5. Berlin as an emerging cartographic focus at the end of the 18th century

Between 1766 when the Prussian Academy of Science made the futile attempt to publish a modern map of Brandenburg and 1773 when the Güssefeld map of Brandenburg was published, the minister count Schulenburg-Kehnert ordered a large scale topographic - not geodetic - survey of a considerable part of Prussia to obtain a reliable cartographic base for the Prussian central and regional administration. This enterprise led to the so-called Schulenburg-Schmettau map of Prussia in the scale 1 : 50 000 which was taken as the general model to provide as well first of all the administration as later on the public with reliable maps. In 1773 Güssefeld himself was not yet able to benefit from these sources.

During the decade 1773-1783 a lot of regional manuscript maps were drawn - most of them in scales between 1 : 100 000 and 1 : 200 000 - to fulfil the demands of several departments, in particular the military department. Among the cartographers who carried out this work we find Schirmeister, Carl Ludwig Oesfeld, Goswin Ottmar Schultze and Daniel Friedrich Sotzmann.

From 1777 Carl Ludwig Oesfeld and from 1784 Daniel Friedrich Sotzmann began to publish little topographic maps which showed parts of Brandenburg, were based on the Schulenburg-Schmettau corpus and added to several books respectively regularly to calendars edited by the Royal Prussian Academy of Sciences. Due to this cautious procedure these maps containing reliable topographic information could be given to the public before the king's very eyes.

When in 1786 Frederic II died all cartographic obstacles vanished. Just in this year Sotzmann became the successor of Rhode as the cartographer of the Academy of Sciences - his official title, however, was "geographer" - and he continued the map-making activities of this Academy by starting a totally new publishing policy. Due to the increase of topographic documents in large and medium scales concerning as well Prussian territories as areas in all continents, the geographic and encyclopedic influence of Anton Friedrich Büsching who lived in Berlin since 1766, and the political and military events which followed the French revolution, the huge cartographic market which arose within a few years could be satisfied with modern and reliable maps drawn, engraved and published in Berlin. The activities of Oesfeld and Sotzmann very soon were supplemented by cartographers like David Gilly, Daniel Gottlob Reymann, Friedrich Bernhardt Engelhardt and, moreover, by officials like the minister Schrötter and the general Lecoq, before in 1816 the state cartography of the Prussian monarchy and its organization were taken over by the general staff of the army. So far as Brandenburg was concerned in particular, from 1783 there had been a permanent cartographic competition between Güssefeld in Weimar and Oesfeld and Sotzmann in Berlin. At the end of the 18th century the customers could decide in favour of satisfying maps and low prices if they bought heteronomous maps by Güssefeld, or of excellent maps and about fourfold prices if they reached for Sotzmann`s autochthonous maps. It may be mentioned that the three map collections of Napoleon I contained maps of Sotzmann only.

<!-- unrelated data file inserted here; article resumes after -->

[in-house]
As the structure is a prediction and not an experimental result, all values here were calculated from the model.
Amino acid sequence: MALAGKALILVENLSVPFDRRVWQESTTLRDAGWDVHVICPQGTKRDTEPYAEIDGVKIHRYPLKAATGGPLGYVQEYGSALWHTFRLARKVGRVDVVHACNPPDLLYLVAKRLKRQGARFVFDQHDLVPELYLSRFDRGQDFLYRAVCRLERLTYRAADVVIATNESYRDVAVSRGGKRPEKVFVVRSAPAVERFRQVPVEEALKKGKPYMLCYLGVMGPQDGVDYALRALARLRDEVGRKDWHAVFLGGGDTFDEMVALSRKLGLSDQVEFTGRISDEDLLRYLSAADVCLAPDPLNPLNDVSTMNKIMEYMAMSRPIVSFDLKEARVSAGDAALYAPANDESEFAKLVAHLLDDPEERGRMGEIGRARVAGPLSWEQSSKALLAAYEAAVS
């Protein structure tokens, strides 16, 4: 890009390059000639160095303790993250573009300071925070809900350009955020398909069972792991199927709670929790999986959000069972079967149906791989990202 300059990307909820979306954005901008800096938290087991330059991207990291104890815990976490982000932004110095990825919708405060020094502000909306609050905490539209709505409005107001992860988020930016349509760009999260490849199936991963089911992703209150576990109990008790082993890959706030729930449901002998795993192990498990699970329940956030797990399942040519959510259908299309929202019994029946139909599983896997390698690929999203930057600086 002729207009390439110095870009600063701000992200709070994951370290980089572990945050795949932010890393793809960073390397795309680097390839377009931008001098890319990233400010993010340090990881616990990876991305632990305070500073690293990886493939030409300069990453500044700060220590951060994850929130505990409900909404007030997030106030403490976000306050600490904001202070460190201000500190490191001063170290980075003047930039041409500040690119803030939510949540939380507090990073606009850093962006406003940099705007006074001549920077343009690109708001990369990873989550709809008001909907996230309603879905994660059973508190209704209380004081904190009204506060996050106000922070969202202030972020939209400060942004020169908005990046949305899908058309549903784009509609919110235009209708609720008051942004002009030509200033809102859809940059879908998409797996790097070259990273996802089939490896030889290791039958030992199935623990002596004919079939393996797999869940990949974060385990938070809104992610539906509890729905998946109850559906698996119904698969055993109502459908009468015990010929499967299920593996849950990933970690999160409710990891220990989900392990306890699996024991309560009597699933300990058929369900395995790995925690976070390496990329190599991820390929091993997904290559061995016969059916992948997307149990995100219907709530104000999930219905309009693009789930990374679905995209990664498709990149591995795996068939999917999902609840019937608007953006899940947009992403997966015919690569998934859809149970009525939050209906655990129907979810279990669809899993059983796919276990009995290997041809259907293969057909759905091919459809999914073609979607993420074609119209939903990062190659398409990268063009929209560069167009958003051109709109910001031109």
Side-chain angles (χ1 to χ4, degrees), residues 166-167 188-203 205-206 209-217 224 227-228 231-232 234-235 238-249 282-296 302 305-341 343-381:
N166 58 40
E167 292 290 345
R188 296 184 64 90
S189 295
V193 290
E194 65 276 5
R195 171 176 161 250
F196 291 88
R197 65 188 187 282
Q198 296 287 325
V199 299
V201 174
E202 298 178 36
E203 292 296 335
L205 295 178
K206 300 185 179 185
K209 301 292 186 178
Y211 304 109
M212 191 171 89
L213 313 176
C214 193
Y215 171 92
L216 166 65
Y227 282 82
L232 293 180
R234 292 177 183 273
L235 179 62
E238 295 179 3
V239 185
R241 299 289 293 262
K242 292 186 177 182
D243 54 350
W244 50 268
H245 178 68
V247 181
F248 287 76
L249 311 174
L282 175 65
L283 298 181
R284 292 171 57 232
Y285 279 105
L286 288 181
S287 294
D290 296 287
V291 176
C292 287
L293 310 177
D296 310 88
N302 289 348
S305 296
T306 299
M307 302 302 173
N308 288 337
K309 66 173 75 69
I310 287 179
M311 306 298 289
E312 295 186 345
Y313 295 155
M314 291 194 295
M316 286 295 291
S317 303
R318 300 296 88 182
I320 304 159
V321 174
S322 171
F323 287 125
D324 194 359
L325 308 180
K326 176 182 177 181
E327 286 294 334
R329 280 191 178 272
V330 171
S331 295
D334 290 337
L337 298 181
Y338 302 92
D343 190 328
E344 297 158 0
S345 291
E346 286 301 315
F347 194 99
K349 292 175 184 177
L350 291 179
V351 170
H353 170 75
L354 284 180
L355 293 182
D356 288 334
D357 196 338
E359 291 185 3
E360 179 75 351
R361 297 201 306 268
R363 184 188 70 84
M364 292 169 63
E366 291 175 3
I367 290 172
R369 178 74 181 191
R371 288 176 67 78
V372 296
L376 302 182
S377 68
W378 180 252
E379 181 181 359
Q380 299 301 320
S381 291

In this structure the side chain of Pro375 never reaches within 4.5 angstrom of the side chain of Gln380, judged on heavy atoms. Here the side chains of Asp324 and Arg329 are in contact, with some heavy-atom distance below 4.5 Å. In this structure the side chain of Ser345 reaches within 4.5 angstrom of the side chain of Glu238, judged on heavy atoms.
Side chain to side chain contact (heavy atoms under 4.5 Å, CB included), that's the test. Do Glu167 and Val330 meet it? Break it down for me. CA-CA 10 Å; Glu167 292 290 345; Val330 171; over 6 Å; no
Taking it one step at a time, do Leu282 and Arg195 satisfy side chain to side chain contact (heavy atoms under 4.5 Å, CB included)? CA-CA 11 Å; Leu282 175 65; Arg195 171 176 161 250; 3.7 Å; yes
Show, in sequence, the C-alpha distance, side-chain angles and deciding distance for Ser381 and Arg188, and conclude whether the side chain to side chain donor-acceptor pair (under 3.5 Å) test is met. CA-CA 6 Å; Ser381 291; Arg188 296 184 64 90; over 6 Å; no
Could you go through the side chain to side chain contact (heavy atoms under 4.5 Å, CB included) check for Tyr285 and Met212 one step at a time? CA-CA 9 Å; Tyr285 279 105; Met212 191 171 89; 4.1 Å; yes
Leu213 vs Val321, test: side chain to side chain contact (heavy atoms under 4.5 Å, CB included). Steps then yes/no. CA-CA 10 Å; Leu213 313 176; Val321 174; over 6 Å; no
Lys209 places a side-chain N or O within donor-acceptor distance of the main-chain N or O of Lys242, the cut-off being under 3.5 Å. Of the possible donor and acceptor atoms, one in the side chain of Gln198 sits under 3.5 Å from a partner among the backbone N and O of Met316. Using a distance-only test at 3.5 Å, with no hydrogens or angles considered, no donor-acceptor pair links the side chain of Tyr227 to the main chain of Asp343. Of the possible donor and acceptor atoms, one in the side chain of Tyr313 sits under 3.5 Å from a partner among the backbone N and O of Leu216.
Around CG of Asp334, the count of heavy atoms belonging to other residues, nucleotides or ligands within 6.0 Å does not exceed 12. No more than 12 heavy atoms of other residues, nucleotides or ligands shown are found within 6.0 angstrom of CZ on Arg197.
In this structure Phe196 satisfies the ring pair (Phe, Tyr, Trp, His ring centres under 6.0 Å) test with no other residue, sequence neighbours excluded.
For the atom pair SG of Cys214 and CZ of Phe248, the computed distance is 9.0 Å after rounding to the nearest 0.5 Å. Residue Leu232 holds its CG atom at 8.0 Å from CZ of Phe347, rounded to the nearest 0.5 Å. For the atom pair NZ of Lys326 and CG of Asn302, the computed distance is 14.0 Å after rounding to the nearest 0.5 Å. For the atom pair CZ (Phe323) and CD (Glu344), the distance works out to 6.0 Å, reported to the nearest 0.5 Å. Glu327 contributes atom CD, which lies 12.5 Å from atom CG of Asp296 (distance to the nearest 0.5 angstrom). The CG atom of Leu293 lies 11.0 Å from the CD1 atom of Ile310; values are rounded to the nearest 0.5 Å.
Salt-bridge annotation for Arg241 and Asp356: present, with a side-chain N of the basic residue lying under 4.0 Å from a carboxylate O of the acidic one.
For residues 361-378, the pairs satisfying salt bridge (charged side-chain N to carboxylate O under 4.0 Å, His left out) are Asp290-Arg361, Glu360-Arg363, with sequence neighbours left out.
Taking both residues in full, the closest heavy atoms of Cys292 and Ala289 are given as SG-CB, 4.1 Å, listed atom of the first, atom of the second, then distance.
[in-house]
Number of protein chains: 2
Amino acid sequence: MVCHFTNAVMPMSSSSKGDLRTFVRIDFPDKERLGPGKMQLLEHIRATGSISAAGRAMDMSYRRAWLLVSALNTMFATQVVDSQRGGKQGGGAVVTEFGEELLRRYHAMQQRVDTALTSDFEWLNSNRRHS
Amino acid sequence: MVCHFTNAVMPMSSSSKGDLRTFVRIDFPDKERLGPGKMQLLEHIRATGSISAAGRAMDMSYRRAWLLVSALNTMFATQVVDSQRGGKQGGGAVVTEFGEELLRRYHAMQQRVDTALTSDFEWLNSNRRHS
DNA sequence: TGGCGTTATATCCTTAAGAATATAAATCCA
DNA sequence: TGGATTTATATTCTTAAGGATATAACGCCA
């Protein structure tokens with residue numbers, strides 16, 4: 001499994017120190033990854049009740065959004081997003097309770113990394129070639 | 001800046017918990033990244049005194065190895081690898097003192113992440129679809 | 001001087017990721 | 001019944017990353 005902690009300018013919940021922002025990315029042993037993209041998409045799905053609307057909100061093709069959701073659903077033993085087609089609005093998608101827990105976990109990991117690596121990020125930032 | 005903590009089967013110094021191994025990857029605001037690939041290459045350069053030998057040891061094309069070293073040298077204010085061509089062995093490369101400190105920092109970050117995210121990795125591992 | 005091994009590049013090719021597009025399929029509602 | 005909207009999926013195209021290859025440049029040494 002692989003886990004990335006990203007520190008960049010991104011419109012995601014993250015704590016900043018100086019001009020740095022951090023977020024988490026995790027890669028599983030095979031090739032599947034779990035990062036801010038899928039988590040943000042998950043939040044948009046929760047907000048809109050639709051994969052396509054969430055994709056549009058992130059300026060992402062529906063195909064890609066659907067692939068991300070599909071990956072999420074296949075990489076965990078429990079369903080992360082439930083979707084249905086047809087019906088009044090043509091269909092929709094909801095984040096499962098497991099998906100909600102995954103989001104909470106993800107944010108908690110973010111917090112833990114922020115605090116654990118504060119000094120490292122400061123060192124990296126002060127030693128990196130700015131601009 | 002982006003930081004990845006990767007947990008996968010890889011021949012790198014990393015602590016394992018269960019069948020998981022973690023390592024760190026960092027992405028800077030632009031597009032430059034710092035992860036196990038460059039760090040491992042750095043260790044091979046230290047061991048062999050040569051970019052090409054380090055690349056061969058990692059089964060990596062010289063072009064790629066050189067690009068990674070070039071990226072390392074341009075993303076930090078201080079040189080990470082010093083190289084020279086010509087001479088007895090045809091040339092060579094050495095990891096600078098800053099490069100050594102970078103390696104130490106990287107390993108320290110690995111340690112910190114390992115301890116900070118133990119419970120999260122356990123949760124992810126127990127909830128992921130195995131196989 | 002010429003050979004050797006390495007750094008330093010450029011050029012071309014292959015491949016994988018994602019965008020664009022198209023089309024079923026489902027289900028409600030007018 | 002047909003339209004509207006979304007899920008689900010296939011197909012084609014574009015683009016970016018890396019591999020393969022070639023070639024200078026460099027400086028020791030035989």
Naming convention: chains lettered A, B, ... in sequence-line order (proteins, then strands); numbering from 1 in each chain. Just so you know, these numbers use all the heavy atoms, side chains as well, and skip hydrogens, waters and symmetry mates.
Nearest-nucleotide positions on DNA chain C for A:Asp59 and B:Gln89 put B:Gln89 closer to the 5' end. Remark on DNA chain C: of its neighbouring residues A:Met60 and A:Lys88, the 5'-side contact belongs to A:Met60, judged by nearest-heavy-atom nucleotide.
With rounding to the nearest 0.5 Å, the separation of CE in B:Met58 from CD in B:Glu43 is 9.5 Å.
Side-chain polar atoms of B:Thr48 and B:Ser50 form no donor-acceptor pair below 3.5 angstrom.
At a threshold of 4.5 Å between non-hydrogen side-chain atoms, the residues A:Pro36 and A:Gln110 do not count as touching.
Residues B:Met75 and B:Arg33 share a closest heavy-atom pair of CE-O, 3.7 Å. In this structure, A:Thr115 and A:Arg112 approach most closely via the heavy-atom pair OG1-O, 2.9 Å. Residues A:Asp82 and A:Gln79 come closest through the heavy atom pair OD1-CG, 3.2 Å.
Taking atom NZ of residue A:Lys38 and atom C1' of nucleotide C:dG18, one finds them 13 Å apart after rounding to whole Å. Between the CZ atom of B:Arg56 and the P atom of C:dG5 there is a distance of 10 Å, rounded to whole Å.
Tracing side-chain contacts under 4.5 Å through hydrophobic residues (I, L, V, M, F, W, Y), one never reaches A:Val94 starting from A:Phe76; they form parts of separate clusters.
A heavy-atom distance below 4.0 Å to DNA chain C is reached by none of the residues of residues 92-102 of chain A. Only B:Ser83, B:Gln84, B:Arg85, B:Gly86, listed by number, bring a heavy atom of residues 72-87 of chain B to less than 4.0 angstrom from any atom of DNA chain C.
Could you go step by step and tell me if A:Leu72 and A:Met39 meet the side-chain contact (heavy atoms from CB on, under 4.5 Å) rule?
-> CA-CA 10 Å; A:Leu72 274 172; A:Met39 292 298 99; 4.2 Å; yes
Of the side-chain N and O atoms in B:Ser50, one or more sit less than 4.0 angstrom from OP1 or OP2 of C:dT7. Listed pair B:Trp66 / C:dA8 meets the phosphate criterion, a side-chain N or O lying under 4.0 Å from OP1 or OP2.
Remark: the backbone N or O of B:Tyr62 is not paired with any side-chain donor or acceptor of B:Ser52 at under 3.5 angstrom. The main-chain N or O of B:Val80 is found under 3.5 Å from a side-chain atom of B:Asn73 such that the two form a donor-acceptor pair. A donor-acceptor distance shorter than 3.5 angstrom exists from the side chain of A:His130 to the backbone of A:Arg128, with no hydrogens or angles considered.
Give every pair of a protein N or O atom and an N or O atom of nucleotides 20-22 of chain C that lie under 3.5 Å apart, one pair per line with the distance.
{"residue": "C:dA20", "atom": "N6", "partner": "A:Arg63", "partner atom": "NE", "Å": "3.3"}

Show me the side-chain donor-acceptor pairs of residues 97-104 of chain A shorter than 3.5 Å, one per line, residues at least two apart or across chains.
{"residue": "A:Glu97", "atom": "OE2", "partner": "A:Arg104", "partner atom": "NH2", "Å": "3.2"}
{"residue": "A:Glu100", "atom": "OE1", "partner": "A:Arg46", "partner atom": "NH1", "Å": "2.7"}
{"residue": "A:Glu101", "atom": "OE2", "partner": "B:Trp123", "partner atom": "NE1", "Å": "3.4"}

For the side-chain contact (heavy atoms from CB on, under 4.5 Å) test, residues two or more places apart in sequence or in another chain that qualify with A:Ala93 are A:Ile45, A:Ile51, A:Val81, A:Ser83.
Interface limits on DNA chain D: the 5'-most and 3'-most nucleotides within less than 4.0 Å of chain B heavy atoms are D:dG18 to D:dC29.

The chronologic sequence of maps showing Brandenburg from the end of the 15th to the end of the 18th centuries reveal a clear predominance of heteronomous periods during the early times - 15th to 17th centuries - when Brandenburg can be called an underdevelopped country without any need or endeavor for contemporarily modern cartographic activities.

These early periods led into a period of transition which started at the same time when Brandenburg and the Prussian monarchy generally moved from the stage of town and fortress plans to the first attempts of topographic surveys. This stage of transition first of all comprises the Gundling map of 1724 which is topographically determined by the Svart base.

Contrary to this map and its spirit the fear of Frederic II for advantages which enemies could gain from reliable maps showing the central province and the capital of Prussia held the country back for several decades in this stage of transition.

The real cartographic power of Prussia should be proved when after 1786 scholars, cartographers, copper engravers and publishing houses in Berlin made up for the delay of the capability for cartographic publication and produced excellent autochthonous maps.

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